Polly Yakovich:

What's the number one foundational element required for that? A strong brand?

Ian Lurie:

No, really good discipline around those points. Really first class execution. Good audience analysis, really good creative, well put together content so that when someone arrives at each of these points of interest, they're compelled to stay, respond and keep moving. If that means you have half as many, if you have one piece of content instead of four, which is a quarter as many, or you have one ad instead of two, then that's what you do because you want that one thing performing absolutely perfectly. Then you build out from there. This is something again, that people who play Dungeons and Dragons learn is, have that one ... The perfect tavern that everybody meets in, and then let the story proceed from there, build out from there, but make sure that one place, that one point of interest is absolutely flawless.

Polly Yakovich:

That's great. I love that. What is pissing you off right now about marketing? As you're consulting now and you're going into places, what things do you see people doing or what trends are emerging that you're like, this is absolutely worthless or taking us down the wrong path?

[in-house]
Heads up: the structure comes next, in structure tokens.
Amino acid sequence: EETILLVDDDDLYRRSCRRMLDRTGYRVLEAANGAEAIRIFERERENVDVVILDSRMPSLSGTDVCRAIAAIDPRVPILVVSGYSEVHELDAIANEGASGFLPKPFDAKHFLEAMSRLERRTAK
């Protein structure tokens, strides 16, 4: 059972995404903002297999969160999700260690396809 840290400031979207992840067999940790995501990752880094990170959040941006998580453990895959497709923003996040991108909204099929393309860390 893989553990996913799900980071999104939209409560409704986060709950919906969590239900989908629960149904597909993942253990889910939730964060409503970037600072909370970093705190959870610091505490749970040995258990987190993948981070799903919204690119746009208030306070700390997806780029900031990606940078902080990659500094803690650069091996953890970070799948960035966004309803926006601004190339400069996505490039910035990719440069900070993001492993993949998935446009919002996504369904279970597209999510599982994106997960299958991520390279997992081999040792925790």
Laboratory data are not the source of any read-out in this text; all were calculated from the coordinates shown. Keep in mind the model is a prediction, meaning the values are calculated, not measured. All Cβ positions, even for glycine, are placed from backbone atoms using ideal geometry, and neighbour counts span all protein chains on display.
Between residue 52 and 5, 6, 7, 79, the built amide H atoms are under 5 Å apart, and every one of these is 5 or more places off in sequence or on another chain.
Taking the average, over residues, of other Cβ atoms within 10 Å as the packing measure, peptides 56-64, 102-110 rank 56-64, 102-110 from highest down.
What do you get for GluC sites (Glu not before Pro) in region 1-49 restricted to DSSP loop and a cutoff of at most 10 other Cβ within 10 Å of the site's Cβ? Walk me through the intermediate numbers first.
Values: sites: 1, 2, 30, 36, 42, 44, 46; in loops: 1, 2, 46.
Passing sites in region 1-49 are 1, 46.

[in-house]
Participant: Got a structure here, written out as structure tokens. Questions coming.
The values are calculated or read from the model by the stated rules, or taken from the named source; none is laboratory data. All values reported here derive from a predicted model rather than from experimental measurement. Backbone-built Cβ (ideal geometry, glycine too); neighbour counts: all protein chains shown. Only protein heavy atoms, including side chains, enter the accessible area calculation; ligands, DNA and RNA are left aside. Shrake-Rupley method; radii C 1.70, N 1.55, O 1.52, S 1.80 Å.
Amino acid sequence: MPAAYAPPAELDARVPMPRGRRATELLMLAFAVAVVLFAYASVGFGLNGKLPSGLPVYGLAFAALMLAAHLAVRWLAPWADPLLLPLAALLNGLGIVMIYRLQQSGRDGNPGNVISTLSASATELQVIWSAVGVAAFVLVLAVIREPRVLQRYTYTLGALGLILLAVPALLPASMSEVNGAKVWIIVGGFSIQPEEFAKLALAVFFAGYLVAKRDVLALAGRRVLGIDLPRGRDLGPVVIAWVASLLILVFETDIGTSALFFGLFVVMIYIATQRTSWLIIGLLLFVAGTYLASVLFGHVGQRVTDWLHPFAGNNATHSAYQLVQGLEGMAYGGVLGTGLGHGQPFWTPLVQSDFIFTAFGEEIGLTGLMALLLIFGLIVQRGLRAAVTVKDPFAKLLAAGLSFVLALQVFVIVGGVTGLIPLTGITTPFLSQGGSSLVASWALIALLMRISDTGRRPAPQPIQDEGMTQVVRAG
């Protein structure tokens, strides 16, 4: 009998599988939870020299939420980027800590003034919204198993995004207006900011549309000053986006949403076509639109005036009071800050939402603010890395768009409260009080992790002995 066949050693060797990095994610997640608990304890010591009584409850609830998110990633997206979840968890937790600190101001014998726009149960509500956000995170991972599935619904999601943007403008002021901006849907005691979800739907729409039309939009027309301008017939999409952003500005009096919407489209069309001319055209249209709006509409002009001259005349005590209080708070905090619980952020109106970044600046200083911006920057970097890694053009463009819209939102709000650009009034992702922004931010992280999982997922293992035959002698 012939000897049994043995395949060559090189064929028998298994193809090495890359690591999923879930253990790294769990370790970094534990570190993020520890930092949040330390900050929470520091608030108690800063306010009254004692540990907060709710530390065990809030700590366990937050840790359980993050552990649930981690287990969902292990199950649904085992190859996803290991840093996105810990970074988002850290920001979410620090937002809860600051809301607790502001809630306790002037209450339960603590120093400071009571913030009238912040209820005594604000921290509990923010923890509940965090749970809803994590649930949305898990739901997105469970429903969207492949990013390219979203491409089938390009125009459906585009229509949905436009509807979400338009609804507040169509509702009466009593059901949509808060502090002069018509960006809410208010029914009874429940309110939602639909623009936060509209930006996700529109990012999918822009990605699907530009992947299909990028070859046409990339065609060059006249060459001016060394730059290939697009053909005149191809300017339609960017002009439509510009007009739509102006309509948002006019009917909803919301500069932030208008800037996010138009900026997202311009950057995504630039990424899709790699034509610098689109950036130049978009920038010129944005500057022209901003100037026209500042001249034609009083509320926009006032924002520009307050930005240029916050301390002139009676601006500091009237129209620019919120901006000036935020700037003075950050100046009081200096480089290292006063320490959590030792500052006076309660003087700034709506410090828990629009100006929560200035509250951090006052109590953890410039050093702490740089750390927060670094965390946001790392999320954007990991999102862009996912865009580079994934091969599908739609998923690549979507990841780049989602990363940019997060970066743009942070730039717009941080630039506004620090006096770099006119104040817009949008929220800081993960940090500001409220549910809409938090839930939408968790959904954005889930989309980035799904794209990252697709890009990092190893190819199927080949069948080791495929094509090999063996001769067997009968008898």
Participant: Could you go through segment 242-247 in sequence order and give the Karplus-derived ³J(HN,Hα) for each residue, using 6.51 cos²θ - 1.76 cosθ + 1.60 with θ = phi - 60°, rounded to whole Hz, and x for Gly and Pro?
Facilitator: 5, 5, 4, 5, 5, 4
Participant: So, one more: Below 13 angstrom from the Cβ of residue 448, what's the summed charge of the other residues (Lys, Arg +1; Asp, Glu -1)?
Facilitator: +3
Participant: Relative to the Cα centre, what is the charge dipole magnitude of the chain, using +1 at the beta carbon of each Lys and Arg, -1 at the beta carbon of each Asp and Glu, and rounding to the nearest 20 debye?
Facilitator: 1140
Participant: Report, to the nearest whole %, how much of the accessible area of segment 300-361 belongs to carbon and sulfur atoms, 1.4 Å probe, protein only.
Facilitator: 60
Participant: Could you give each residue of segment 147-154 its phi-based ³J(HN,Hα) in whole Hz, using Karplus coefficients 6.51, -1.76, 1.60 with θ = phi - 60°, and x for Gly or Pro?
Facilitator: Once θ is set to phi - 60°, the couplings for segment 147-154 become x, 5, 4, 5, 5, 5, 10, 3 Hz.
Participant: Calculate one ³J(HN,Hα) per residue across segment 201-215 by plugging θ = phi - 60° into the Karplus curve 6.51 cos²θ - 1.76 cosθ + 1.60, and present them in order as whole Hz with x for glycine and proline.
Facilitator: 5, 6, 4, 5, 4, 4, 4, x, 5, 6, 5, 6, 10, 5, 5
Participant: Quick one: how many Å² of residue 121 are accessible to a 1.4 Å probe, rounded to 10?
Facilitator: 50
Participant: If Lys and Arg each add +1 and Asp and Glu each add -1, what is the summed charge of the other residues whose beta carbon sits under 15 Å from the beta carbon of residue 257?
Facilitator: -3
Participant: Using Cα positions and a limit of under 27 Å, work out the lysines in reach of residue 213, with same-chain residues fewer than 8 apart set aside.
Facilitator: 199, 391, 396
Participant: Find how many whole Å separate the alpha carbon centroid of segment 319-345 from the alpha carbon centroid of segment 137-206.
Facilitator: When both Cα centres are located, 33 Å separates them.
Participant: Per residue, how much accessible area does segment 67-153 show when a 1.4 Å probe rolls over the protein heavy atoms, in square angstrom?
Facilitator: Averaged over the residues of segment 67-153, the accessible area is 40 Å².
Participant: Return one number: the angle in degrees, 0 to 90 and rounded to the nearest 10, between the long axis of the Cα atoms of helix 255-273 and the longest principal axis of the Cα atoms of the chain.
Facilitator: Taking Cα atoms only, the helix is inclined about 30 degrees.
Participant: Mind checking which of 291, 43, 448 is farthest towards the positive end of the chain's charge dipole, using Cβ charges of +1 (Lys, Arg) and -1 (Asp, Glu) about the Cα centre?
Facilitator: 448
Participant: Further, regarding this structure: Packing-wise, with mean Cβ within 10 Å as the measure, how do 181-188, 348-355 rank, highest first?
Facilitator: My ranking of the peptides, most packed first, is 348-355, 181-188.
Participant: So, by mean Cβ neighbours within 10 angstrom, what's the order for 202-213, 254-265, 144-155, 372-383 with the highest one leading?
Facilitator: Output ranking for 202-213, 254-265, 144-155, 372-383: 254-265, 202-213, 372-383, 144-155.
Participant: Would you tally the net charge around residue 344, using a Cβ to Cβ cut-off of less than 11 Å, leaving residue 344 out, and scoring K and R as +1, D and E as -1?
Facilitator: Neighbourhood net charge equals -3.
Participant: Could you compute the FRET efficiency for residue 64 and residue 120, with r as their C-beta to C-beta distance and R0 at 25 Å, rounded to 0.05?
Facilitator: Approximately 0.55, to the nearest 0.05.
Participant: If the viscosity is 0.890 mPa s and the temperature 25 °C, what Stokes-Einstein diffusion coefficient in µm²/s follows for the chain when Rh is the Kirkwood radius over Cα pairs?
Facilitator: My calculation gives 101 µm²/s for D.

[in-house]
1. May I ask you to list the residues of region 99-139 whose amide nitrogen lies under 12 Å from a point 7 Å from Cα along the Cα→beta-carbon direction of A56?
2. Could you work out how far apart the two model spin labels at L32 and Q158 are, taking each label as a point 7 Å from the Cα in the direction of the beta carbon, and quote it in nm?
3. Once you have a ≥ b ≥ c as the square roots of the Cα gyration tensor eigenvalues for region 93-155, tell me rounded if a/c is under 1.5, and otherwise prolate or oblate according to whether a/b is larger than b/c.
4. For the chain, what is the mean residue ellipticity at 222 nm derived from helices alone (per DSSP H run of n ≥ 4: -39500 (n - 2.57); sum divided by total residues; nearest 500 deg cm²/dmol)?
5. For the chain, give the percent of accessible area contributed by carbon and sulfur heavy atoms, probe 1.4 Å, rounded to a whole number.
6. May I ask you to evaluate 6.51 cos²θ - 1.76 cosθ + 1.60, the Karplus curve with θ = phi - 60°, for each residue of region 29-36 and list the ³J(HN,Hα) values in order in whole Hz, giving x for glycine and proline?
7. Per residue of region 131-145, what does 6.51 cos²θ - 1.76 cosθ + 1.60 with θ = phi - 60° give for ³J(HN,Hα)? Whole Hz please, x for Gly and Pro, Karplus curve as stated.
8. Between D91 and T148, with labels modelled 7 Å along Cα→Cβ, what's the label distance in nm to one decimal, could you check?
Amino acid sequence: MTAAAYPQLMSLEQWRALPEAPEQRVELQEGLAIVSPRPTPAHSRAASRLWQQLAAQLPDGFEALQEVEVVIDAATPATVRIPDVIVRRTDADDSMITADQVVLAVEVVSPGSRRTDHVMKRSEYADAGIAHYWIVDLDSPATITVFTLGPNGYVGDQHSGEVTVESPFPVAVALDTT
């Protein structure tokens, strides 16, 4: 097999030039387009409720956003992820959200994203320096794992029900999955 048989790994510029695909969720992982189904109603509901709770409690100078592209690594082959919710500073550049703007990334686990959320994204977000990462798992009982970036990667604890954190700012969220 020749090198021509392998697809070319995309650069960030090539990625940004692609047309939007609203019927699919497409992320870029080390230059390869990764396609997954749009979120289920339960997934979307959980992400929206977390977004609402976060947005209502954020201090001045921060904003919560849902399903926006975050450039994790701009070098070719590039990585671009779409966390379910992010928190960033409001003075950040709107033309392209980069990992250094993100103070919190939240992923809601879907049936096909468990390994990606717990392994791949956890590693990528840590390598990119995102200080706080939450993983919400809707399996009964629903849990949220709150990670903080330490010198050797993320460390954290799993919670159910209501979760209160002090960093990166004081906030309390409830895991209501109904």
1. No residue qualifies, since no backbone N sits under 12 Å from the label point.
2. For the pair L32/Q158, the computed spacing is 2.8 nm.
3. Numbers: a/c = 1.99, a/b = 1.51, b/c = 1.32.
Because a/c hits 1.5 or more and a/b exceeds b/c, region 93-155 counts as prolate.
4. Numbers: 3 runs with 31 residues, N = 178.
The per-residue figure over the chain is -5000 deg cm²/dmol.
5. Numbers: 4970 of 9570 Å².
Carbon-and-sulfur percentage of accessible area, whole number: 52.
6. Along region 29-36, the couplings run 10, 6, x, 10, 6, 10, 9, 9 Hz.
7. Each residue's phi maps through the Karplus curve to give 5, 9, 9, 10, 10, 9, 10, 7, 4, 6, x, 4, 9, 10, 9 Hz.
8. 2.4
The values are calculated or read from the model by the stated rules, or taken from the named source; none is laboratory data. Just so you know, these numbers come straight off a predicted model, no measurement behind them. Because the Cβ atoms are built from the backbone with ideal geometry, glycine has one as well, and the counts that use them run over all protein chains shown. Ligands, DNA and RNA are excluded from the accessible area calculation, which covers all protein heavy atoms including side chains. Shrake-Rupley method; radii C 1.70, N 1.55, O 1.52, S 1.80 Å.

Ian Lurie:

Boy, am I going to get in trouble for this. I seriously am. Starting ads off with, in these uncertain times. Here's why, okay, I understand the premise, and I'm actually writing a piece about this right now.

Polly Yakovich:

So good.

Ian Lurie:

Companies want consumers to understand that they know that their audience is freaked out and they live in uncertain times, but everybody knows, at this point, that we live in uncertain times. You don't need to say it. Okay? Make it implicit. Make it implicit in the way you deliver your service. There's a bunch of car dealers around Seattle, and they all start with, in these uncertain times, and then they say, we support you by working on your card this way, setting away these specific practices. You could just start with, we support you by ... right? You demonstrate it. Because everybody, and I talk to people who aren't marketers now, and they're all rolling their eyes, and the message, it's losing its potency because everybody understands it. By the way, are you going to say this for the next two years? Because we're still going to be living in uncertain times.